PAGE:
Advertisement

Experimental Investigation of Wing Rock of Slender Wings and Aircraft Configurations

  • Robert C. Nelson
  • Andrew S. ArenaJr.
Conference paper
Part of the International Union of Theoretical and Applied Mechanics book series (IUTAM)

Abstract

Experimental investigations of the wing rock characteristics of a slender delta wing with 80° sweep, and a 2.5% model of an F-18 are summarized. The studies were conducted in order to identify physical mechanisms responsible for wing rock of slender wings and aircraft configurations. Results obtained on the slender delta wing indicate that wing rock is sustained by a time lag in vortex position, and limited in amplitude by the unsteady behavior of vortex strength. Vortex breakdown has been shown not to be a primary mechanism in wing rock, however its appearance was shown to reduce the steady state amplitude of the motion. The results obtained on the F-18 subscale model agree with those obtained on the full scale flight vehicle. Flow and motion characteristics observed on the F-18 model are consistent with those seen on the slender wing.

Preview

Unable to display preview. Download preview PDF.

Unable to display preview. Download preview PDF.

References

  1. 1.
    Ross, A. J., “Investigation of Nonlinear Motion Experienced on a Slender-Wing Research Aircraft”, Journal of Aircraft, Vol. 9, No. 9, September 1972.CrossRefGoogle Scholar
  2. 2.
    Ross, A. J., “Flying Aeroplanes in Buffet”, Aeronautical Journal, Vol. 81, October 1977.Google Scholar
  3. 3.
    Ross, A. J., and Nguyen, L. T., “Some Observations Regarding Wing Rock Oscillations at High Angles of Attack”, AIAA-88–4371-CP, August, 1988.Google Scholar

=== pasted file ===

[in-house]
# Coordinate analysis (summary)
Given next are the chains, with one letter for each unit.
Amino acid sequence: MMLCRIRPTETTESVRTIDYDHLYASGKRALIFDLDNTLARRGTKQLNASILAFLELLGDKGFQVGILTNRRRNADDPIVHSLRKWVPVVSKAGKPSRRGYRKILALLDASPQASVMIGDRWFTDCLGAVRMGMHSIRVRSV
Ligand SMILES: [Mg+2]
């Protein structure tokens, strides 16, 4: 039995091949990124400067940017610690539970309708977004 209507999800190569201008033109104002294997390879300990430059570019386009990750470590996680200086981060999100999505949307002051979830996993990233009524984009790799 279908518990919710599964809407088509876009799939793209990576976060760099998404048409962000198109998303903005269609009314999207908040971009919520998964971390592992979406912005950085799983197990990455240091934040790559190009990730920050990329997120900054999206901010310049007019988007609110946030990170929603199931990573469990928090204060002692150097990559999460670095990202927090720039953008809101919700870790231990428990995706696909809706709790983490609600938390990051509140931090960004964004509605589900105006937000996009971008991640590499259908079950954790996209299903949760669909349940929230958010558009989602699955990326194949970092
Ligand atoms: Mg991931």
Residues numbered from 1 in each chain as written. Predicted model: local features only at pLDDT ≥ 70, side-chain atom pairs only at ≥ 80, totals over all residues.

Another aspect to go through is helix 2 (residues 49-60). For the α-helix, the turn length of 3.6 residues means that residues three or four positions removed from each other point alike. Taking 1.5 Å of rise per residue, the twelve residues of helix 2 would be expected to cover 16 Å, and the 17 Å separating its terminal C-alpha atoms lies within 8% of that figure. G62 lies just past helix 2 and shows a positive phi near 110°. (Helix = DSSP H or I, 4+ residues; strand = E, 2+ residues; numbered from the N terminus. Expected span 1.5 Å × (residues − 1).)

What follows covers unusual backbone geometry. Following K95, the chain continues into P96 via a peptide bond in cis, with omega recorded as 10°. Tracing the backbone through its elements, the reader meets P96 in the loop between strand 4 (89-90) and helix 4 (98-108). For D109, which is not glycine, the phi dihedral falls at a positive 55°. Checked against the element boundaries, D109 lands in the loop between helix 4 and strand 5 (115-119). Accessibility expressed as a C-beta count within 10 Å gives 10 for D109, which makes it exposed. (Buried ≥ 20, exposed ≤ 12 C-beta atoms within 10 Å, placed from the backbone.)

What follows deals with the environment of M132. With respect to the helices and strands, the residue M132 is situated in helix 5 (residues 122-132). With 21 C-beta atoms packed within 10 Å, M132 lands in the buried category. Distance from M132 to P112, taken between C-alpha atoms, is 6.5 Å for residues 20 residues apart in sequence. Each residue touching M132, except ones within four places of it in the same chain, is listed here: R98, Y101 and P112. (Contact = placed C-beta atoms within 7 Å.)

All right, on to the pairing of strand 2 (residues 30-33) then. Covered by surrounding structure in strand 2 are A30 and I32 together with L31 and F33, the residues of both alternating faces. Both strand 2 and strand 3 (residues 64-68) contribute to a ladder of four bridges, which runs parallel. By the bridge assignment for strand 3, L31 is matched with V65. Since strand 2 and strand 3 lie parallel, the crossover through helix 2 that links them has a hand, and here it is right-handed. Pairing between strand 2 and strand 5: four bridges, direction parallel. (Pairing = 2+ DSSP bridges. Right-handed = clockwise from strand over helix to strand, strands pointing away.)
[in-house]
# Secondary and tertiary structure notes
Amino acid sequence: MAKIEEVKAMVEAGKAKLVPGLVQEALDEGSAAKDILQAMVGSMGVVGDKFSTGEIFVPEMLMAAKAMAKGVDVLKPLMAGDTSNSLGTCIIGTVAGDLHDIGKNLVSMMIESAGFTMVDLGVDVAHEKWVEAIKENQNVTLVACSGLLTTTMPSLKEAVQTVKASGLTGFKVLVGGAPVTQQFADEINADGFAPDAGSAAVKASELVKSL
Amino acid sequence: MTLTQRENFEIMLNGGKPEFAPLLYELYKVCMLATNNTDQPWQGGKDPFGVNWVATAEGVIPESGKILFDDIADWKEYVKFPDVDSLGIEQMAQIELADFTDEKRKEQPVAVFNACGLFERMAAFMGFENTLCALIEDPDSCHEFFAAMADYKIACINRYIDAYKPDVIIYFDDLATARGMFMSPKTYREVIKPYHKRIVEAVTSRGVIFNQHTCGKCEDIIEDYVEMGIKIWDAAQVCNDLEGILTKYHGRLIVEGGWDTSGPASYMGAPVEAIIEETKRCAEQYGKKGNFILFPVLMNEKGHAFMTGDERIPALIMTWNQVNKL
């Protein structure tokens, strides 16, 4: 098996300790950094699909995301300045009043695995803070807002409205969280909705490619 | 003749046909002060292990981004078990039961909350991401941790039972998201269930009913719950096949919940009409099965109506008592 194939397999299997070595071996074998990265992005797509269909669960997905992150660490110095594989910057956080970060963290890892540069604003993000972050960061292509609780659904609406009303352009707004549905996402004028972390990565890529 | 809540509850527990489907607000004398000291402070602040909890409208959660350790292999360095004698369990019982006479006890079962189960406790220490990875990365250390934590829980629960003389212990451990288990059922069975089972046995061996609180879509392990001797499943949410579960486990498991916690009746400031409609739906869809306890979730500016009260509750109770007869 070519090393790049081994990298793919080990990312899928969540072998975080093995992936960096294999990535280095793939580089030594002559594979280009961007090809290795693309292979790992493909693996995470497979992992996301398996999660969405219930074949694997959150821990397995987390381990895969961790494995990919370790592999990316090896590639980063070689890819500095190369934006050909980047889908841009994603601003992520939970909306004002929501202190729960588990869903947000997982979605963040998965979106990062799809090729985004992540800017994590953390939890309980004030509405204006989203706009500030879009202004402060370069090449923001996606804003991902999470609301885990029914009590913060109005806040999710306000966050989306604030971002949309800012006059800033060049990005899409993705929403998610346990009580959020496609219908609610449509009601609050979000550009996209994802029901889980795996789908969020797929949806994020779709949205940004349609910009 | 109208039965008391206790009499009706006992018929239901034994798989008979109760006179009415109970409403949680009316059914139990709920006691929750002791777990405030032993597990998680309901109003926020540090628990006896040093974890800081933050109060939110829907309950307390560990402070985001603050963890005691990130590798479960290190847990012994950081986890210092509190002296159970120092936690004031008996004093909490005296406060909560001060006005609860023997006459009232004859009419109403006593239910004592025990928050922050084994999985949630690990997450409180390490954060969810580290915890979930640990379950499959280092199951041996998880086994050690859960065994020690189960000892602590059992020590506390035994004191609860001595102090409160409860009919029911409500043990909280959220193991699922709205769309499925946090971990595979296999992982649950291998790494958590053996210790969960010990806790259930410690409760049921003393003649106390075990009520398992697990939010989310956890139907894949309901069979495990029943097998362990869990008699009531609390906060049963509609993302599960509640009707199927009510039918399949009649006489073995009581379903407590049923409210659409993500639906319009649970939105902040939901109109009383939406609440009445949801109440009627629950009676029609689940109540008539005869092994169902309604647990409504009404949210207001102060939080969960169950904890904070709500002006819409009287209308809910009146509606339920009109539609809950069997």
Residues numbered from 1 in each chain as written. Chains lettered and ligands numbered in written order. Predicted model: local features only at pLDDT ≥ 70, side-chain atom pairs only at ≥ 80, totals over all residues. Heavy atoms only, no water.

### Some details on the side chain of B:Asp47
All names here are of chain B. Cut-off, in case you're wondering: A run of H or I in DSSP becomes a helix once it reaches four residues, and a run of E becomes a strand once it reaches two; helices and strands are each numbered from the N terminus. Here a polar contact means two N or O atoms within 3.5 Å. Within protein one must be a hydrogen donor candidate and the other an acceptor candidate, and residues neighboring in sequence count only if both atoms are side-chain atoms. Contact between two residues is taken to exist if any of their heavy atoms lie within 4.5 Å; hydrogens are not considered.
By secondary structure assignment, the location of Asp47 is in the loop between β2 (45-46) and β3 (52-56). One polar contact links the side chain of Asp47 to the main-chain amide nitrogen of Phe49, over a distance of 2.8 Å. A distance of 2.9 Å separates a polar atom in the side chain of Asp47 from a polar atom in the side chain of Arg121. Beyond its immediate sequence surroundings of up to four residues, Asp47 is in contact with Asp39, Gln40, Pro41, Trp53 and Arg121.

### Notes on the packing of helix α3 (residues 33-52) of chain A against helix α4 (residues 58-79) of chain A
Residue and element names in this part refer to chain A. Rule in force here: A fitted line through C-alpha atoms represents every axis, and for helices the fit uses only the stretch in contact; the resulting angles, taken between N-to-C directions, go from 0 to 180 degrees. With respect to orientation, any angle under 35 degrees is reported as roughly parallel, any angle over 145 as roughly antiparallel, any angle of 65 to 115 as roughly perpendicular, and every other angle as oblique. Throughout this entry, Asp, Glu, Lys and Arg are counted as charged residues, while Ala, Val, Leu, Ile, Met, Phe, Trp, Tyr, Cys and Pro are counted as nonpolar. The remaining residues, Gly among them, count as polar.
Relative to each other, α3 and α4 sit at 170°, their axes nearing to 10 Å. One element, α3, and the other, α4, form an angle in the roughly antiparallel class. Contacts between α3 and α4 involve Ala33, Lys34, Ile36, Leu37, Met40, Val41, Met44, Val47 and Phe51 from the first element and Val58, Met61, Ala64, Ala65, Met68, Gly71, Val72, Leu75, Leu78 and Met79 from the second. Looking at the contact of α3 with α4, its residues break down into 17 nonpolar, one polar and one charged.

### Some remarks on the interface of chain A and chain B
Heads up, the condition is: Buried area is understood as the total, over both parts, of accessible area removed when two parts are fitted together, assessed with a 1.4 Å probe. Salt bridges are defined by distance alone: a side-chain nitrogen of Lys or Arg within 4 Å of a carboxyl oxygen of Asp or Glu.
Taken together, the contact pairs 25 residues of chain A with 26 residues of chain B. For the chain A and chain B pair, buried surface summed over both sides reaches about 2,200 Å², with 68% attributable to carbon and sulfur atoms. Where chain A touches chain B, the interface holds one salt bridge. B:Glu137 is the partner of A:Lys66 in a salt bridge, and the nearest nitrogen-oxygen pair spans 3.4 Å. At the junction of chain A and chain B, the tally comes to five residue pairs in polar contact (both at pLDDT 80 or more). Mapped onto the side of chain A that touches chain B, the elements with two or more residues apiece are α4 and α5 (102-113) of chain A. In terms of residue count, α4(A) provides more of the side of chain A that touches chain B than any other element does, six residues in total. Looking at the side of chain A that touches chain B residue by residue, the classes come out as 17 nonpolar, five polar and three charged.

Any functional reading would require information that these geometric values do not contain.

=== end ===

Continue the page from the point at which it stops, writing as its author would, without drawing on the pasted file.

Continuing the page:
4. 4.
    Chambers, J. R. and Anglin, E. L., “Analysis of Lateral-Directional Stability Characteristics of a Twin-Jet Fighter Airplane at High Angles of Attack”, NASA TN D-5361, August 1969.Google Scholar
  5. 5.
    Arena, Jr., A. S. and Nelson, R. C., “The Effect of Asymmetric Vortex Wake Characteristics on a Slender Delta Wing Undergoing Wing Rock Motion”, AIAA-89–3348, August 1989.Google Scholar
  6. 6.
    Arena, Jr., A. S., Nelson, R. C., and Schiff, L. B., “An Experimental Study of the Nonlinear Dynamic Phenomenon Known as Wing Rock”, AIAA-90–2812, August, 1990.Google Scholar
  7. 2.
    Arena, Jr., A. S., and Nelson, R. C., “Unsteady Surface Pressure Measurements on a Slender Delta Wing Undergoing Limit Cycle Wing Rock”, AIAA-91–0434, January, 1991.Google Scholar
  8. 8.
    Arena, Jr. A. S., “An Experimental and Computational Investigation of Slender Wings Undergoing Wing Rock”, PhD Dissertation, University of Notre Dame, April 1992.Google Scholar
  9. 9.
    Arena Jr., A.S., and Nelson, R.C.,“ A Discrete Vortex Model for Predicting Wing Rock of Slender Wings”, AIAA 92–4497, August, 1992.Google Scholar
  10. 10.
    Fisher, D. F. and Del Frate, J. H., “In-Flight Flow Visualization Characteristics of the NASA F-18 High Alpha Research Vehicle at High Angles of Attack”, SAE Technical Paper Series No. 892222, September 1989.Google Scholar
  11. 11.
    Quast, T., “A Study of High Alpha Dynamics and Flow Visualization for a 2.5% Model of the F-18 HARV Undergoing Wing Rock”, MS Thesis, University of Notre Dame, April, 1991.Google Scholar
  12. 12.
    Quast, T., Nelson, R. C., and Fisher, D. F., “A Study of High Alpha Dynamics and Flow Visualization for a 2.5% Model of the F-18 HARV Undergoing Wing Rock”, AIAA-91–3267, September, 1991.Google Scholar
  13. 13.
    Nelson, R. C., Arena Jr., A. S., and Williams, D. L., “ The Use of Subscale Models to Predict Self-Induced Oscillations of Flight Vehicles”, AIAA Paper 93–0093, January 1993.Google Scholar

Copyright information

© Springer-Verlag Berlin Heidelberg 1993

Authors and Affiliations

  • Robert C. Nelson
    • 1
  • Andrew S. ArenaJr.
    • 1
  1. 1.Hessert Center for Aerospace Research Department of Aerospace and Mechanical EngineeringUniversity of Notre DameNotre DameUSA

Personalised recommendations